Daily Herald: Inching Toward Understanding
Suburban students launch project to bring Jews and Muslims together Born in Belarus and raised in Buffalo Grove, surrounded by Jewish immigrants like himself, Jacob Katz grew up knowing little of Islam and less of Muslims.
Television shows and movies taught Sharif Murphy about Judaism, a lesson the Muslim man from Hoffman Estates knew was incomplete.
Naperville’s Julia Geynisman tired of watching Jewish and Muslim students clash, driven by tensions rooted thousands of miles away in the Middle East.
Together, these University of Illinois at Chicago students are trying to unravel the knot of conflict among Jews and Muslims one conversation at a time.
Katz, Murphy and Geynisman are among the suburban students trying to get students at the Chicago campus talking about what they share, rather than shouting about what they don’t.
Called Jewish American Muslim Students, the group brings together students of all faiths for cultural films, Middle Eastern dinners and tonight for a play called “From Tel Aviv to Ramallah: A Beatbox Journey” that chronicles a day in the life of a Palestinian Internet cafe owner and an Israeli disc jockey. By hanging out, organizers say, students may begin to see each other as people — not Jewish or Muslim, not Arab or Israeli — but just people.
“I feel there’s a need for a solution in the Middle East,” said Geynisman, a 19-year-old sophomore from Naperville. “I feel the only way I can contribute is to, little by little, open the minds of students around me on campus.”
With a population exceeding 15,000 students, more than half of whom are ethnic minorities, many experts say the University of Illinois at Chicago is a fitting laboratory.
“UIC had a history of very negative and sometimes violent interactions between Jews and Arabs,” said professor Rachel Havrelock, who works with the Jewish and Muslim student group. Such rancor eased during recent years. Still, a divide persists along religious and cultural lines, a divide Havrelock and her band of students hope to bridge.
“They are ready for this key moment in their lives to investigate some traditional biases they perhaps grew up with,” Havrelock said.
What begins on campus need not stay there, said community leaders of both faiths. This new push by Jewish and Muslim students adds to interfaith initiatives around Chicago and the suburbs.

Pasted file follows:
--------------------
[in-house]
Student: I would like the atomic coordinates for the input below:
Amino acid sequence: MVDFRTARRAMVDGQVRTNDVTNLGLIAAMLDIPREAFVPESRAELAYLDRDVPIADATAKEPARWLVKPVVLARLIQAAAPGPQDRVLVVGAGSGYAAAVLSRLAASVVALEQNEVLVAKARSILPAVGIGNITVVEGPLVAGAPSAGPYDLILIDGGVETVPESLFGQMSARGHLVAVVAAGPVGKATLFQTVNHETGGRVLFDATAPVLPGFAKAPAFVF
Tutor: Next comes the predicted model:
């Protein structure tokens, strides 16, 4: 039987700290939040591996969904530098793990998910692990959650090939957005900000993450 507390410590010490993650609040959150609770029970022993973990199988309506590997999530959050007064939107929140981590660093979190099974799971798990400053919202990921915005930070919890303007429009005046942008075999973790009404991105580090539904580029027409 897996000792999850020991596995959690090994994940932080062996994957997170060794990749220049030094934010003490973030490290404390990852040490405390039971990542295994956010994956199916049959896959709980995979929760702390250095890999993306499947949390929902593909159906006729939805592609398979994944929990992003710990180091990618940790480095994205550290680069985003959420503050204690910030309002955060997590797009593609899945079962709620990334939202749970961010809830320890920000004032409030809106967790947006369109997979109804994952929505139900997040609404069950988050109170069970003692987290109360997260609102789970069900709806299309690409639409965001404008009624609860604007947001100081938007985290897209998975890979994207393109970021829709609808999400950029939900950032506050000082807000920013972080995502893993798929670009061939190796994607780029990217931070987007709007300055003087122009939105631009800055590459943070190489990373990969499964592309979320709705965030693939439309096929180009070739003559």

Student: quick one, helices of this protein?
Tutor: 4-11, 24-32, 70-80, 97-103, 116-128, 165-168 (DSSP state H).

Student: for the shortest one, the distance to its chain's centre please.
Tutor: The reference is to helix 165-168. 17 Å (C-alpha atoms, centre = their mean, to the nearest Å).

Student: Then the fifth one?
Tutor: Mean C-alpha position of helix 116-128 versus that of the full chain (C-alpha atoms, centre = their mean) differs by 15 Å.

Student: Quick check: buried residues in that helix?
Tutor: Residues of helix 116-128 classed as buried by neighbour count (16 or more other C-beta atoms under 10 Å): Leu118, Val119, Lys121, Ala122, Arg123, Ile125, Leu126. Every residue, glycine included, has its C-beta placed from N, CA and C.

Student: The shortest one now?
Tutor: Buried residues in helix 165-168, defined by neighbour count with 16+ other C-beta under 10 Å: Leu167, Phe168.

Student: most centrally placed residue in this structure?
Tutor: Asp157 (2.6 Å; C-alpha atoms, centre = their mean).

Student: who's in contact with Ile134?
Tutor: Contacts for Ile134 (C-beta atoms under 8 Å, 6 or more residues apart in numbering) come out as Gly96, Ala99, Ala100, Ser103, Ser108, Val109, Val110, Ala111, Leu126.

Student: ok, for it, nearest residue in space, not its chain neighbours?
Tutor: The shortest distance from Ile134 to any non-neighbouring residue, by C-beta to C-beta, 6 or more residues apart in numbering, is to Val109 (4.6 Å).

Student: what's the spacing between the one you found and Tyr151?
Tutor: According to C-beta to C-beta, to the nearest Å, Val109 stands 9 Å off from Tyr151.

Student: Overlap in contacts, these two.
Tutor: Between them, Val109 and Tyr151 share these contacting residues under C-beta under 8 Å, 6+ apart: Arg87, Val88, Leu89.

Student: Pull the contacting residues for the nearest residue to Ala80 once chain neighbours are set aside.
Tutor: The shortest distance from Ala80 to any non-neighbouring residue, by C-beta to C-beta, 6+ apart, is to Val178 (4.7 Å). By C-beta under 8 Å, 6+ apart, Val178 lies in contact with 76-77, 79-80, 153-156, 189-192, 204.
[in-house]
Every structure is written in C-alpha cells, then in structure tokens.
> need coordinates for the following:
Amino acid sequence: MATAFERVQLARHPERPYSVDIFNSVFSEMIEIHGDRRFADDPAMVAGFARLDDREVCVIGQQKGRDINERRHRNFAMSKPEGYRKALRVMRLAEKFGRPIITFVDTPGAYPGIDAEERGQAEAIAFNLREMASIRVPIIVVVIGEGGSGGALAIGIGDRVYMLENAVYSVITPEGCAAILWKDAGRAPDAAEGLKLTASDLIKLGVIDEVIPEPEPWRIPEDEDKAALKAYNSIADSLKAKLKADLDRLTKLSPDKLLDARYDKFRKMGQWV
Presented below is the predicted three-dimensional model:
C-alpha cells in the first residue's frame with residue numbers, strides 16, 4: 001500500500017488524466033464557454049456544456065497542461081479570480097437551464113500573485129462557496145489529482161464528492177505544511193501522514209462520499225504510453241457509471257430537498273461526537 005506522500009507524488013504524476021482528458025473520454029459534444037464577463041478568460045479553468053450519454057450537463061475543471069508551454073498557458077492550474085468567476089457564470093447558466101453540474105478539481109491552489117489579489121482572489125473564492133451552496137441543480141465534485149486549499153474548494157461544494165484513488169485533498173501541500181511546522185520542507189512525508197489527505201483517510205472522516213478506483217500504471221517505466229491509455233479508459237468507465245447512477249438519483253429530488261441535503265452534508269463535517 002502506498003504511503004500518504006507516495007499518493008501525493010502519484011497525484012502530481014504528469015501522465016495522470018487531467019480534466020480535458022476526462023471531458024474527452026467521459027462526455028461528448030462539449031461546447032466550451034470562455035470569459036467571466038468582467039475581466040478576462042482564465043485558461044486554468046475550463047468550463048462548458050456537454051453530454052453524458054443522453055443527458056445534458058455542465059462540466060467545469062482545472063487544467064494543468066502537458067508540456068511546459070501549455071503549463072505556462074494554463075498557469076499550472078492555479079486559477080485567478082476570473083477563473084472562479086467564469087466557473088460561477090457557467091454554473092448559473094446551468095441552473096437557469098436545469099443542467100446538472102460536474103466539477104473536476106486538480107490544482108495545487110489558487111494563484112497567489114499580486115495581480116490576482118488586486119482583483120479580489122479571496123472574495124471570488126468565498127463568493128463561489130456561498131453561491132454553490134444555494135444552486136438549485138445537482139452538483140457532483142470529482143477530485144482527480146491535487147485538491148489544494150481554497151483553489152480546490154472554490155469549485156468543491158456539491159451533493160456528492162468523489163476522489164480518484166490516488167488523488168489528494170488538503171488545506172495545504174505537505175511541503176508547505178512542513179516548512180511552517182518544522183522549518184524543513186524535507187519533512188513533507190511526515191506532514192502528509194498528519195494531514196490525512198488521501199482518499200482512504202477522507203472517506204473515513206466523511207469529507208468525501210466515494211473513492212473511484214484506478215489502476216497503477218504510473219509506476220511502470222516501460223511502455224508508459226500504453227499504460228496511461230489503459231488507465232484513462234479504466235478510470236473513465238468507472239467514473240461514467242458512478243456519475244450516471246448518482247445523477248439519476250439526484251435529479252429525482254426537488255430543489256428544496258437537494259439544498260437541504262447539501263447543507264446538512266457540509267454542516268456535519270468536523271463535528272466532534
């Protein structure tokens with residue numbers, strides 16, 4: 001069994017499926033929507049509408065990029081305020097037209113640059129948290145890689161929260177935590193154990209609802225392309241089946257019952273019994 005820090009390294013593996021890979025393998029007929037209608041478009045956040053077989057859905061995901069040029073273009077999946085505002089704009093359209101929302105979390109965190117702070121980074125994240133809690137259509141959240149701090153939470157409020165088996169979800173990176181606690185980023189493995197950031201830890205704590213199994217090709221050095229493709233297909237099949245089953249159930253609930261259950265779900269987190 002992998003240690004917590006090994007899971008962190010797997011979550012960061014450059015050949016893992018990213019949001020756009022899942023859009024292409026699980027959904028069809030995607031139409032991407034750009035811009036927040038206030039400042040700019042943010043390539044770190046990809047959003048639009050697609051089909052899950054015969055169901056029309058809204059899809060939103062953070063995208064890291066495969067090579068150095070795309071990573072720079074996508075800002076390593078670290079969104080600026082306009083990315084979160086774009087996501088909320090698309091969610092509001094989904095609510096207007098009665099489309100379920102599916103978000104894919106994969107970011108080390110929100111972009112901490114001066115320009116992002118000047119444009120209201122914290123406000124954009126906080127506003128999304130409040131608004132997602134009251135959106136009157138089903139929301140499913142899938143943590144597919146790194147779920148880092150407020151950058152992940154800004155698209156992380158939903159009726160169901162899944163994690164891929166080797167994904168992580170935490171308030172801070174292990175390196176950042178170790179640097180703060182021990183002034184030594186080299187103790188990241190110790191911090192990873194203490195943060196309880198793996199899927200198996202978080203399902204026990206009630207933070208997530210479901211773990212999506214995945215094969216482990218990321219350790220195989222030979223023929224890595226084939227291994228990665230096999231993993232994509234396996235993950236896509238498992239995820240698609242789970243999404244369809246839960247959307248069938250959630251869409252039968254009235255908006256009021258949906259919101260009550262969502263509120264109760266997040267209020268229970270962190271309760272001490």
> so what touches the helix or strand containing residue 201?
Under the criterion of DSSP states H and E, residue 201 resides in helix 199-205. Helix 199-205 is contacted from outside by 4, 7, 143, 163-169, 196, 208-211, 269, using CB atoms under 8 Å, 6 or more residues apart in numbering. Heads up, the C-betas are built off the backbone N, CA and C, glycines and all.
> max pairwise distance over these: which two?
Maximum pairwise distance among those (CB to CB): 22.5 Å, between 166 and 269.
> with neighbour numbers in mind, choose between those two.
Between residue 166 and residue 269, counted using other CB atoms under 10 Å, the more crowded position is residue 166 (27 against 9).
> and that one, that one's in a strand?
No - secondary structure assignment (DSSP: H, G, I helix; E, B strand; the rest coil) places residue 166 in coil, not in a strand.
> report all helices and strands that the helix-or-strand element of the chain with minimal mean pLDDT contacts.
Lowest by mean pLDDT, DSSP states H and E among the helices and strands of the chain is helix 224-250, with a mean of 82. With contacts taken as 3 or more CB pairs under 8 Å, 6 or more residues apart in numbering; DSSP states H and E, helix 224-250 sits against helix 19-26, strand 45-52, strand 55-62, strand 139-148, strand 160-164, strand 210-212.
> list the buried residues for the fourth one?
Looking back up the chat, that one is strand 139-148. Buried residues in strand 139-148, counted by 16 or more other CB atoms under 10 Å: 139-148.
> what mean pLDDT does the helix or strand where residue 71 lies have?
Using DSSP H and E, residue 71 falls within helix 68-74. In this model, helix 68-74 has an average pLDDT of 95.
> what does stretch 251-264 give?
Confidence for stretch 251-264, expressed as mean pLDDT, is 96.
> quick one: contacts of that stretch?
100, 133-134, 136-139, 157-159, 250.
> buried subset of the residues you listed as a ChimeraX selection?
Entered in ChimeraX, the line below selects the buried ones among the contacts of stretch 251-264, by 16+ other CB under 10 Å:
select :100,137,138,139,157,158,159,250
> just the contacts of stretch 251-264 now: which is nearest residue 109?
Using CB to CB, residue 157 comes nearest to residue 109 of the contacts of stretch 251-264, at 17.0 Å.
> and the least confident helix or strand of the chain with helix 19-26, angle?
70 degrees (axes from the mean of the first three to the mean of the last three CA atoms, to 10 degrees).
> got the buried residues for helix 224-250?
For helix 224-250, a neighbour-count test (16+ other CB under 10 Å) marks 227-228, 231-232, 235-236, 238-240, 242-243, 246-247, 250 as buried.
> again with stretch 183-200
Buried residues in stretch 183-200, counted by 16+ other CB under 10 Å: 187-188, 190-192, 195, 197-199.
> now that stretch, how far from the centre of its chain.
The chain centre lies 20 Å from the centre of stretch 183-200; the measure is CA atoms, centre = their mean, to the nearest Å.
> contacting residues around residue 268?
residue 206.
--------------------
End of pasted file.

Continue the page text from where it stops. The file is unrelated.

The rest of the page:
“The truth of the matter is there are not enough of those discussions,” said Emily Soloff, director of Chicago’s American Jewish Committee.
As the Middle East remains locked in struggle, such discussions grow even more important.
“It’s a good starting point, but it should definitely not be where the dialogue ends,” said Ahmed Rehab, executive director for the Council on American Islamic Relations in Chicago. “The goal is to build enough trust where the two groups can talk about issues that are very important to both of them.”
That’s where faith comes in.
Murphy enlisted in the group and a class titled “Judaism and Islam: Interactions and Intersections” with two goals: to learn more about the Jewish faith and, in turn, teach others about his faith, Islam.
Ask him what he’s learned and Murphy talks about the importance of Israel as a country and a religious site and the distinct branches of Judaism.
Katz, on the other hand, is quick to share a newfound knowledge about the Islamic prophet Mohammed and a shared focus on one God and one Holy Land.
“They have a lot in common,” said Katz, who said. “They are not designed as contra forces.”
If finding common ground is the first step, then pointing it out to others comes next, a far more difficult task, said Hana Koussa, a 21-year-old junior from Carol Stream.
“There’s a lot of people out there who don’t want to give their blessings on these things,” said Koussa, who is Muslim. “I think it’s a promising thing, but it’s also very difficult at times.”